Instead of actual innovation to get better results, the Government would like to change the management structure to fit ideology. It is completely wrong.
Co-governance has even extended to water infrastructure. As our Local Government spokesperson Simon Court asked in Parliament last week, how will co-governance stop sewage overflows into rivers and onto beaches or deliver better water infrastructure in our towns and cities? Nanaia Mahuta couldn’t answer him.
Even former Labour Party leader Phil Goff has said: ‘Democratic accountability, through elected representatives, to people who funded the water infrastructure in Auckland valued at many billions of dollars and who continue to pay for its operation is critical. It is not appropriate to cede control over this infrastructure to other councils and mana whenua and to remove existing accountability to Aucklanders through elected representatives.’
Mahuta must realise that when even Phil Goff has said the Government shouldn’t be giving control of council assets to iwi, she’s lost the room.
What’s interesting is the way that the Treaty is being interpreted. There was no Māori interest in three waters infrastructure prior to 1840. The first three waters infrastructure I’m aware of is the Auckland Drainage Board in 1845. If there is a pre-1840 interest in any particular body of water itself, then there was 23 years from 1985-2008 where claims could have been laid. This hasn’t happened.
That makes the Three Waters legislation another example of where the Government’s agenda is going. The co-governance is not occurring the way that Auckland’s volcanic cones are being co-governed - to recognise an enduring interest in the Maunga - it’s been introduced on the assumption that if you’re born Māori then you have a different level of political interest in the affairs of this country than anyone else. It is totally at odds with the principle of one person, one vote liberal democracy.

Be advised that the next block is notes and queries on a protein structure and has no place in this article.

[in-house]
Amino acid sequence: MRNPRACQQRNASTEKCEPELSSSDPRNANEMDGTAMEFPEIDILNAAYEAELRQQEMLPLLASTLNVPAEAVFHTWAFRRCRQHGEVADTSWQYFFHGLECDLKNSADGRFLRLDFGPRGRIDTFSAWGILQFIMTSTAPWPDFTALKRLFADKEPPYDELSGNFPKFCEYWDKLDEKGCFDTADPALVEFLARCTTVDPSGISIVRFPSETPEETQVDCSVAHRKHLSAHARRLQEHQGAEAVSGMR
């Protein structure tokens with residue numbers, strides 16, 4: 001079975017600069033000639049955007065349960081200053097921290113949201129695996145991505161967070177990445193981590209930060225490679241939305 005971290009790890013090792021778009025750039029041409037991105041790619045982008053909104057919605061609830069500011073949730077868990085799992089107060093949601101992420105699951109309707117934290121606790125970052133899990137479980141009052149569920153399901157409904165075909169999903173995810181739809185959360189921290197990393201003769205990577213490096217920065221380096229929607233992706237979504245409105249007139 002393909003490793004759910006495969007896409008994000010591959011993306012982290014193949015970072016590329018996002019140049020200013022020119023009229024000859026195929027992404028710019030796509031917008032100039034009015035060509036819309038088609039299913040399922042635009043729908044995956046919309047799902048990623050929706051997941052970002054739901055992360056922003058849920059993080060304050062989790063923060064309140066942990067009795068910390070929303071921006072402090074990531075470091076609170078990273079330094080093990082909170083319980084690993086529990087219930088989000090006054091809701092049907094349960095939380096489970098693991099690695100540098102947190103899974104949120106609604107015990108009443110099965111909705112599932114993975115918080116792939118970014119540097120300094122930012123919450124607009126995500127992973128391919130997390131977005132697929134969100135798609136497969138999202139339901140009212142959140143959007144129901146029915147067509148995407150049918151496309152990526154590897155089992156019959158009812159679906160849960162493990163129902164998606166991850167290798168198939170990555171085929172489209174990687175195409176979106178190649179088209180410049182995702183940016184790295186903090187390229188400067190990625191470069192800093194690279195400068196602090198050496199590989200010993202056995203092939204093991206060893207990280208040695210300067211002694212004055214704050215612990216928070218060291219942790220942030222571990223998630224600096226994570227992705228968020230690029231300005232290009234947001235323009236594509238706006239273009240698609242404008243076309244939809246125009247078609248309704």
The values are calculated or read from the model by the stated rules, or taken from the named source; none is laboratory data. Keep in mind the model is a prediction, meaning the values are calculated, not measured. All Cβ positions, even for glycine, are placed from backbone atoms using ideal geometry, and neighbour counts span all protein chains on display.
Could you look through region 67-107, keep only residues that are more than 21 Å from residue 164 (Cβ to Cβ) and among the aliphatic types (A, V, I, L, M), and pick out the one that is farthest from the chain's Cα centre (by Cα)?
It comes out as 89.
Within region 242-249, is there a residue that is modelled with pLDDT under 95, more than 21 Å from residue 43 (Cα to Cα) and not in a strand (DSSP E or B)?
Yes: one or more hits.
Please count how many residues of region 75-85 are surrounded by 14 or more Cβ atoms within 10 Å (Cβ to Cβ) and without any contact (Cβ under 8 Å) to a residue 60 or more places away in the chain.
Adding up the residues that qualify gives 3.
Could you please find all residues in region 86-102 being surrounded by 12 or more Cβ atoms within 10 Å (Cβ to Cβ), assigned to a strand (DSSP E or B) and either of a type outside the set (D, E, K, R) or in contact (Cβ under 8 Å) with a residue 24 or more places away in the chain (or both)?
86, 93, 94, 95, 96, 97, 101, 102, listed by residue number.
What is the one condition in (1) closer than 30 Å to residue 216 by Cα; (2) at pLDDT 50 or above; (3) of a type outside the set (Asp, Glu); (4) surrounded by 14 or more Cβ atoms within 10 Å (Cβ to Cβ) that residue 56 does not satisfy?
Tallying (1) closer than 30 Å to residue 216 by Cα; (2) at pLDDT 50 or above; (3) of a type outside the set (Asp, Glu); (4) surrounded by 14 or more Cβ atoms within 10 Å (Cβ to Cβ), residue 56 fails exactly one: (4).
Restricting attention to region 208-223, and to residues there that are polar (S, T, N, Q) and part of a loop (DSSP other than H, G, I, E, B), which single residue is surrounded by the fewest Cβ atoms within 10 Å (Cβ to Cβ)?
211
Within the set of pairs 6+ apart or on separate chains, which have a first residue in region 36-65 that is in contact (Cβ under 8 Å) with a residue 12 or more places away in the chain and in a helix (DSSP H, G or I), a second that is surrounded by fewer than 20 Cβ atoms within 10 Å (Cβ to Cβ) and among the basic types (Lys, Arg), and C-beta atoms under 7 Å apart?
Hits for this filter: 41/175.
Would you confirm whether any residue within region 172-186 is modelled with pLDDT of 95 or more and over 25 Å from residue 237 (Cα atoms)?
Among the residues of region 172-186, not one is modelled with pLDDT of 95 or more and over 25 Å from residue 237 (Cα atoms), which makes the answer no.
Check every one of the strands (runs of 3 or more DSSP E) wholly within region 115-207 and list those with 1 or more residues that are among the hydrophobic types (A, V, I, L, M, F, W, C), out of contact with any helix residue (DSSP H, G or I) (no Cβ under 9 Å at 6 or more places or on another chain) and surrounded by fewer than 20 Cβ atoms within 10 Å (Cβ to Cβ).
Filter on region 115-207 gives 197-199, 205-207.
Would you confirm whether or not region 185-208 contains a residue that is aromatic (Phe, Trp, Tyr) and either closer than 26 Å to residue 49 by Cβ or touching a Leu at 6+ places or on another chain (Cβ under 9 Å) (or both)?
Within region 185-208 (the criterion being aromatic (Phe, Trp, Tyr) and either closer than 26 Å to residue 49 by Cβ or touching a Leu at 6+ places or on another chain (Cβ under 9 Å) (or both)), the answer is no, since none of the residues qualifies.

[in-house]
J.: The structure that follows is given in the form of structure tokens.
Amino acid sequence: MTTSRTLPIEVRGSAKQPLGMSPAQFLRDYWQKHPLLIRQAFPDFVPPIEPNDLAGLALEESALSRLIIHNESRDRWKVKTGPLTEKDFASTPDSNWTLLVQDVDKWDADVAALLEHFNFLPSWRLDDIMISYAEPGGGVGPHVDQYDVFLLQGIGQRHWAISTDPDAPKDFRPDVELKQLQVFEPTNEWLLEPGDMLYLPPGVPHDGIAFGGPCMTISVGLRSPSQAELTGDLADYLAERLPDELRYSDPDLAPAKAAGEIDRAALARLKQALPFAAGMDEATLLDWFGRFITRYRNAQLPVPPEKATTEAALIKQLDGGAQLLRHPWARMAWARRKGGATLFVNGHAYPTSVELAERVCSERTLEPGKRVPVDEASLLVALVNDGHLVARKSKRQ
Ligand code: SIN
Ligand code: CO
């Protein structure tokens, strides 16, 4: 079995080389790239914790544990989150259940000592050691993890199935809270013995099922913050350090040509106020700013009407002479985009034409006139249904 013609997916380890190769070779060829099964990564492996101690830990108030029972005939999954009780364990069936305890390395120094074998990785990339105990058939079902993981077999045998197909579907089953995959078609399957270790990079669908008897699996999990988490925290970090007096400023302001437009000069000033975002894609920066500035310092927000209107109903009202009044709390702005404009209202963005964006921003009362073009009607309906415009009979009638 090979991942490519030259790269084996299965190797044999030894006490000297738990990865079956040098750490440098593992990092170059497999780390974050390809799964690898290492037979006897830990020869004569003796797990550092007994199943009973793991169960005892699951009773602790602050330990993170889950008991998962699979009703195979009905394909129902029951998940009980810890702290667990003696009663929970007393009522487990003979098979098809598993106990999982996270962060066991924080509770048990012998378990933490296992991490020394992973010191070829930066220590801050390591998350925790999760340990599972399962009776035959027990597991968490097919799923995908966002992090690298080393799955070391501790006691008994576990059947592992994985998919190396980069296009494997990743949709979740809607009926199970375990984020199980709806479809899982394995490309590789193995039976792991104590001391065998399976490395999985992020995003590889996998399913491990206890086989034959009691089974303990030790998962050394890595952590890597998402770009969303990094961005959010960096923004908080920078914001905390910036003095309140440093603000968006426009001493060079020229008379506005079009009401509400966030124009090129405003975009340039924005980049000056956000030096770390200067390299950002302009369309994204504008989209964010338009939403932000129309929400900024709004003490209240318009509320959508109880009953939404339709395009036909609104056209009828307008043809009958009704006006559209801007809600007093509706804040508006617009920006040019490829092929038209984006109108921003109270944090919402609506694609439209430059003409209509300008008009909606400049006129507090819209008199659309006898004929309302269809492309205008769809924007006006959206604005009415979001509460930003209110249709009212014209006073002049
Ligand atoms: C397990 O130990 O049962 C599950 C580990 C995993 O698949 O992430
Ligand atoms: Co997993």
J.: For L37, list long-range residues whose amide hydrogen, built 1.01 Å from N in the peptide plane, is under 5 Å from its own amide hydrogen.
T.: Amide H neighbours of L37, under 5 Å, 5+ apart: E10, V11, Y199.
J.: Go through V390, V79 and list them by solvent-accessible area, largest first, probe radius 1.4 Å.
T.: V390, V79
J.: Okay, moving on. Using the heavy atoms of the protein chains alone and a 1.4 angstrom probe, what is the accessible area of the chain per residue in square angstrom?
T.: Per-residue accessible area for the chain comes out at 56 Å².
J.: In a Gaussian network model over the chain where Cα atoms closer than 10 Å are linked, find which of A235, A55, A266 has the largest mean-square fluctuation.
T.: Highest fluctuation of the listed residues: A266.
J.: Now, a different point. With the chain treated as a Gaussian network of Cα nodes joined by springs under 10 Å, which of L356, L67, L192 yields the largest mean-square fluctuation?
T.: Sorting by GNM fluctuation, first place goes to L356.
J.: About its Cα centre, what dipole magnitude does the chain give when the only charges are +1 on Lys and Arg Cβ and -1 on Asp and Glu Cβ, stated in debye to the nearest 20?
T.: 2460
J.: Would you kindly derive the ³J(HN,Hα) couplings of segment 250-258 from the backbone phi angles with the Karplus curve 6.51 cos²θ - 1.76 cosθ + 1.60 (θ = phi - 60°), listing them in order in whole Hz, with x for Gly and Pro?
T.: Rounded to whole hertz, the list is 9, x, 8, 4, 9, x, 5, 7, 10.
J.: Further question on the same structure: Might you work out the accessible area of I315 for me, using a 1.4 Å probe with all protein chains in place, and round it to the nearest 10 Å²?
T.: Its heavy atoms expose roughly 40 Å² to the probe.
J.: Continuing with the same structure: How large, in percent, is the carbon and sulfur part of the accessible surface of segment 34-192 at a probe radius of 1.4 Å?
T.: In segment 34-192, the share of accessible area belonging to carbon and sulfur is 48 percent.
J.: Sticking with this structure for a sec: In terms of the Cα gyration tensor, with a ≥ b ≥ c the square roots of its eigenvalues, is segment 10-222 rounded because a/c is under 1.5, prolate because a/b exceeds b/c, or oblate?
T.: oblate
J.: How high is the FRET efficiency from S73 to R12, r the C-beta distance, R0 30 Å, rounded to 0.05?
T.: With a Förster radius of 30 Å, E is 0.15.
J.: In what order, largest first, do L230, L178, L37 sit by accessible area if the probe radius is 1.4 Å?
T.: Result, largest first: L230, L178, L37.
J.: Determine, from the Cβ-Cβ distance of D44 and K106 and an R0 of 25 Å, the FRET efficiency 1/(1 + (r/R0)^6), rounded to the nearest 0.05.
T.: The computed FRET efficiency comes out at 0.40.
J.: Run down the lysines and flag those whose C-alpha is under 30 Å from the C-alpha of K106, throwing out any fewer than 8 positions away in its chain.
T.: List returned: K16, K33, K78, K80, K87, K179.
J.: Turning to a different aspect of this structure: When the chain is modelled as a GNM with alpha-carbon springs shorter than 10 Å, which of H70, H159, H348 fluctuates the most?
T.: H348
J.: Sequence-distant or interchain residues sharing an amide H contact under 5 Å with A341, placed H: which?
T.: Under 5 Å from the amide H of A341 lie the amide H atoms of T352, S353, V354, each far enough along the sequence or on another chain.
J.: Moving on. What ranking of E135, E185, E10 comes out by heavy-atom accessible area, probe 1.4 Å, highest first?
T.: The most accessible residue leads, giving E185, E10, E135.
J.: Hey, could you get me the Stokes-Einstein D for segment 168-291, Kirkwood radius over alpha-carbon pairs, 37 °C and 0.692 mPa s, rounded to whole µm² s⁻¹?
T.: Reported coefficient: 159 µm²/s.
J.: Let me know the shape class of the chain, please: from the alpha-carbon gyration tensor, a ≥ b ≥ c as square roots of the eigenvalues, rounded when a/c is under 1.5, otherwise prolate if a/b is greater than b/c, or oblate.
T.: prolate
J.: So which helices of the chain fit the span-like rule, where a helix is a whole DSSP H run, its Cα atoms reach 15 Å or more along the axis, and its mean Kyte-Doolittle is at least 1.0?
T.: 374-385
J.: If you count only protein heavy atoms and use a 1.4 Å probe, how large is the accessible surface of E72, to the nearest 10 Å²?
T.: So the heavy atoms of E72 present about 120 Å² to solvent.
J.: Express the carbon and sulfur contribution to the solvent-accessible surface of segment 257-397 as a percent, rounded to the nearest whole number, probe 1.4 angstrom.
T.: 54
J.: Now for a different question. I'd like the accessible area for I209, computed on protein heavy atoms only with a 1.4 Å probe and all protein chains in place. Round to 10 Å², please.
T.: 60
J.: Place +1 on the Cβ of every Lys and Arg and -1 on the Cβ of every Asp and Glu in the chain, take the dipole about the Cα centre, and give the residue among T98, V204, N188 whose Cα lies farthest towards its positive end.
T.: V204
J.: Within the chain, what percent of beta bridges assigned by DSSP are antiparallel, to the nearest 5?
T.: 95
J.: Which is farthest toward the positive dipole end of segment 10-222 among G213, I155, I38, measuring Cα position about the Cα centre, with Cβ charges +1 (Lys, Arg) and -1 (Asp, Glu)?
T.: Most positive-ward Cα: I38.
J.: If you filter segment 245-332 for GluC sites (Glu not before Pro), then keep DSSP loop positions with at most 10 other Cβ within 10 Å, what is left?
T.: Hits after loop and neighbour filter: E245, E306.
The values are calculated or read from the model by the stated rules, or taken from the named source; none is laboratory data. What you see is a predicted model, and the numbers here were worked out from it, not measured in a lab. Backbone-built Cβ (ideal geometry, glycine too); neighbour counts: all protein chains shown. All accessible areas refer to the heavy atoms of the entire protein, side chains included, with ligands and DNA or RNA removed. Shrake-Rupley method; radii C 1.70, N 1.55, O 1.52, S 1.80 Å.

Co-governance is pervasive
Those are some of the better known examples. There are many more. The Ministry of Business, Innovation and Employment is currently changing the terms of research funding to align with the principles of the Treaty. The whole point of science is that all assumptions can be challenged, but the new ‘Green Paper’ says Māori knowledge is different.
The new history curriculum says Māori history is the foundational and continuous history of New Zealand, and everything today is the result of colonisation. Environment Canterbury is having two appointed Ngai Tahu councillors put beside the rest of its democratically elected ones. The Hauraki Gulf Forum that manages the Hauraki Gulf just voted to ask Parliament to turn it into a co-governed entity.
The question a lot of people ask is, where is this coming from?
Shift in Treaty principles
We now hear from legal academics and judges that the Treaty is somehow a partnership between two collectives. Let's consider what that means. On the one hand, the Treaty can mean we're all people with the same rights and duties as each other; and on the other hand, it can mean we're two collectives. Both interpretations cannot be right.
The Treaty promised every New Zealander has the same rights and duties. That is what we should be upholding. Yet it's strange that having made so much progress making every New Zealander alike in dignity and giving them the same rights and duties, we are now seeking to create division by saying that there will actually be different legal categories of person, that people will have different rights and different duties based on who their great grandparents were.